Car batteries have a limited lifespan, typically around 3-6 years, but sometimes they fail prematurely due to various factors:

  1. Leaving electrical devices or lights running.
  2. Parasitic drain.
  3. Extreme weather conditions.
  4. Leakage current caused by loose terminals and corrosion.
  5. A faulty alternator.
  6. Short drives that don’t allow the battery to recharge fully.
  7. Self-discharge.

What Causes a Car Battery To Die Quickly ?

Understanding the root causes of factors that lead to battery drain and practicing good battery maintenance can help prevent unexpected overnight battery drain.

1. Leaving Electrical Devices or Lights Running

If your vehicle’s headlights and other accessories, such as the blower fan, interior lights, and trunk light, are left in the “on” position, it can quickly drain your battery.

What you can do about it ?

Many modern vehicles have features that automatically turn off these accessories after a certain period. However, if your car is not equipped with such features, make sure to manually switch off all these accessories before leaving the car to prevent battery drain.

2. Parasitic Drain

What is a Parasitic Draw ?

Even when your car is turned off, the battery still provides power to components like the clock, radio, and alarm system. This continuous draw of power is known as a parasite draw.

What is Acceptable Parasitic Draw ?

Typically, minor draws like those from the clock and radio shouldn’t significantly affect your battery, and these are considered acceptable parasitic draws. However, modern vehicles often have complex systems, including telematics control units (TCUs) that communicate with the manufacturer’s servers for over-the-air updates, primarily related to the drivetrain and infotainment system.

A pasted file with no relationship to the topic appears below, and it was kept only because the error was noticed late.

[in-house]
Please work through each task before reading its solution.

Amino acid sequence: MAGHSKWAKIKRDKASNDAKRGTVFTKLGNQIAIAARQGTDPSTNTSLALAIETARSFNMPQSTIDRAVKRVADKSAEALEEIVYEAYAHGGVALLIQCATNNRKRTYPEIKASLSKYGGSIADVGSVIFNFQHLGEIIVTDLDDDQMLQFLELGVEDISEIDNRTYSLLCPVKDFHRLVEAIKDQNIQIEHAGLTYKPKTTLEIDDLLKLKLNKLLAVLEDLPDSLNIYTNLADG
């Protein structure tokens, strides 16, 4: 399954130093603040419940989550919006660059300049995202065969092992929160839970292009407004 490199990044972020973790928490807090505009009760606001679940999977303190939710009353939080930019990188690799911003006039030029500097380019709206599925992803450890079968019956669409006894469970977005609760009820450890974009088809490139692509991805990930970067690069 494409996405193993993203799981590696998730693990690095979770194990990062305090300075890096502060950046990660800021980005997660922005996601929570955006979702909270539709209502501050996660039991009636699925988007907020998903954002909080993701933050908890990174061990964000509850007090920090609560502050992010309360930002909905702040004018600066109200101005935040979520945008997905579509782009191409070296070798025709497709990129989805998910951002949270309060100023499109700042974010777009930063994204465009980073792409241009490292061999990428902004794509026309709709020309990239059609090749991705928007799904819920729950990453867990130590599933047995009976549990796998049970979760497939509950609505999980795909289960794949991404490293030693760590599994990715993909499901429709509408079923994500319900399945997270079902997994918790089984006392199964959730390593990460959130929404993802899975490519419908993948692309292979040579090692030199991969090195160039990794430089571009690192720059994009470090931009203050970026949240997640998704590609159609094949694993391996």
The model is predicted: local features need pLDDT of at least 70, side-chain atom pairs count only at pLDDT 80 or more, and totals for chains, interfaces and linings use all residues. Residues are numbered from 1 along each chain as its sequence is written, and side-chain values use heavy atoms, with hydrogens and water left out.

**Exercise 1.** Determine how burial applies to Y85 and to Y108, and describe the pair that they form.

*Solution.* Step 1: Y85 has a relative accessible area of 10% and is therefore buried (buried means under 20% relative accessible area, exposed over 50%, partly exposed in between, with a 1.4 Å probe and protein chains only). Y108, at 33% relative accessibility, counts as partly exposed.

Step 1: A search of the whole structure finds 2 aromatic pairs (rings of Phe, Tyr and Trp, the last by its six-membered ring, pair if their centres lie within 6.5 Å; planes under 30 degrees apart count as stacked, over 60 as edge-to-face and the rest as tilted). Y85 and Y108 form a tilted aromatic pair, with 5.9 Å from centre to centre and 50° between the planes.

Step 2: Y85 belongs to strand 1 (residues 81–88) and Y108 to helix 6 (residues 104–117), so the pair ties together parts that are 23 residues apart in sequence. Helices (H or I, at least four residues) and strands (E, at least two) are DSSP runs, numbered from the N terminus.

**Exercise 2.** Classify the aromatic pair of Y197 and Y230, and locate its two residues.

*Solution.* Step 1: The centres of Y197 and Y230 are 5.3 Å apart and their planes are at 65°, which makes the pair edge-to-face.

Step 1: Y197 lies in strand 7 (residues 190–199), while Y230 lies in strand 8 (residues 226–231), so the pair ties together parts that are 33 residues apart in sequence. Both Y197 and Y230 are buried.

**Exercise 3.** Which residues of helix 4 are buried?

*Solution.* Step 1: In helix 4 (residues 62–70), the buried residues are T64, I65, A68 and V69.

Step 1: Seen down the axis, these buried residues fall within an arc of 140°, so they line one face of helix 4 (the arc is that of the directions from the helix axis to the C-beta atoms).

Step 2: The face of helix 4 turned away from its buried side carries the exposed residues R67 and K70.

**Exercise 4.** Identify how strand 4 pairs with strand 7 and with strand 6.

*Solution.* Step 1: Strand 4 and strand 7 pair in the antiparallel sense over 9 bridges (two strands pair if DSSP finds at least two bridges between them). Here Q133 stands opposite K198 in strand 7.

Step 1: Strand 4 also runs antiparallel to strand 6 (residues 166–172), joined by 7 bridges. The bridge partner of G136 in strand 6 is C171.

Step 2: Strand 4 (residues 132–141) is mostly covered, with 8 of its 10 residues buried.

These updates can occasionally put extra strain on your car battery. Additionally, the ability to remotely activate functions like lights and heaters through your smartphone can inadvertently drain the battery if activated unintentionally.

3. Extreme Whether Conditions

Batteries can go flat in extreme hot or cold weather conditions.

In hot summers:

  1. The electrolyte fluid can evaporate, leading to increased pressure that can potentially damage the battery plates.
  2. Additionally, high temperatures can cause components like the alternator voltage regulator and diode to malfunction, resulting in issues such as overcharging or undercharging the battery.

In cold winter:

  1. Cold weather can significantly impact a battery’s performance. When temperatures reach freezing, a battery can lose up to 35% of its performance, and this loss can increase to as much as 50% when temperatures drop even lower.
  2. In cold conditions, the alternator may also take longer to fully charge the battery, further affecting its performance.

What you can do about it ?

To prevent battery drain caused by extreme weather, consider these tips:

Summer: Park in the shade whenever possible to keep your vehicle’s temperature lower.

Winter: If available, park your car indoors to protect it from extreme cold.

4. Leakage Current Caused By Loose Terminals and Corrosion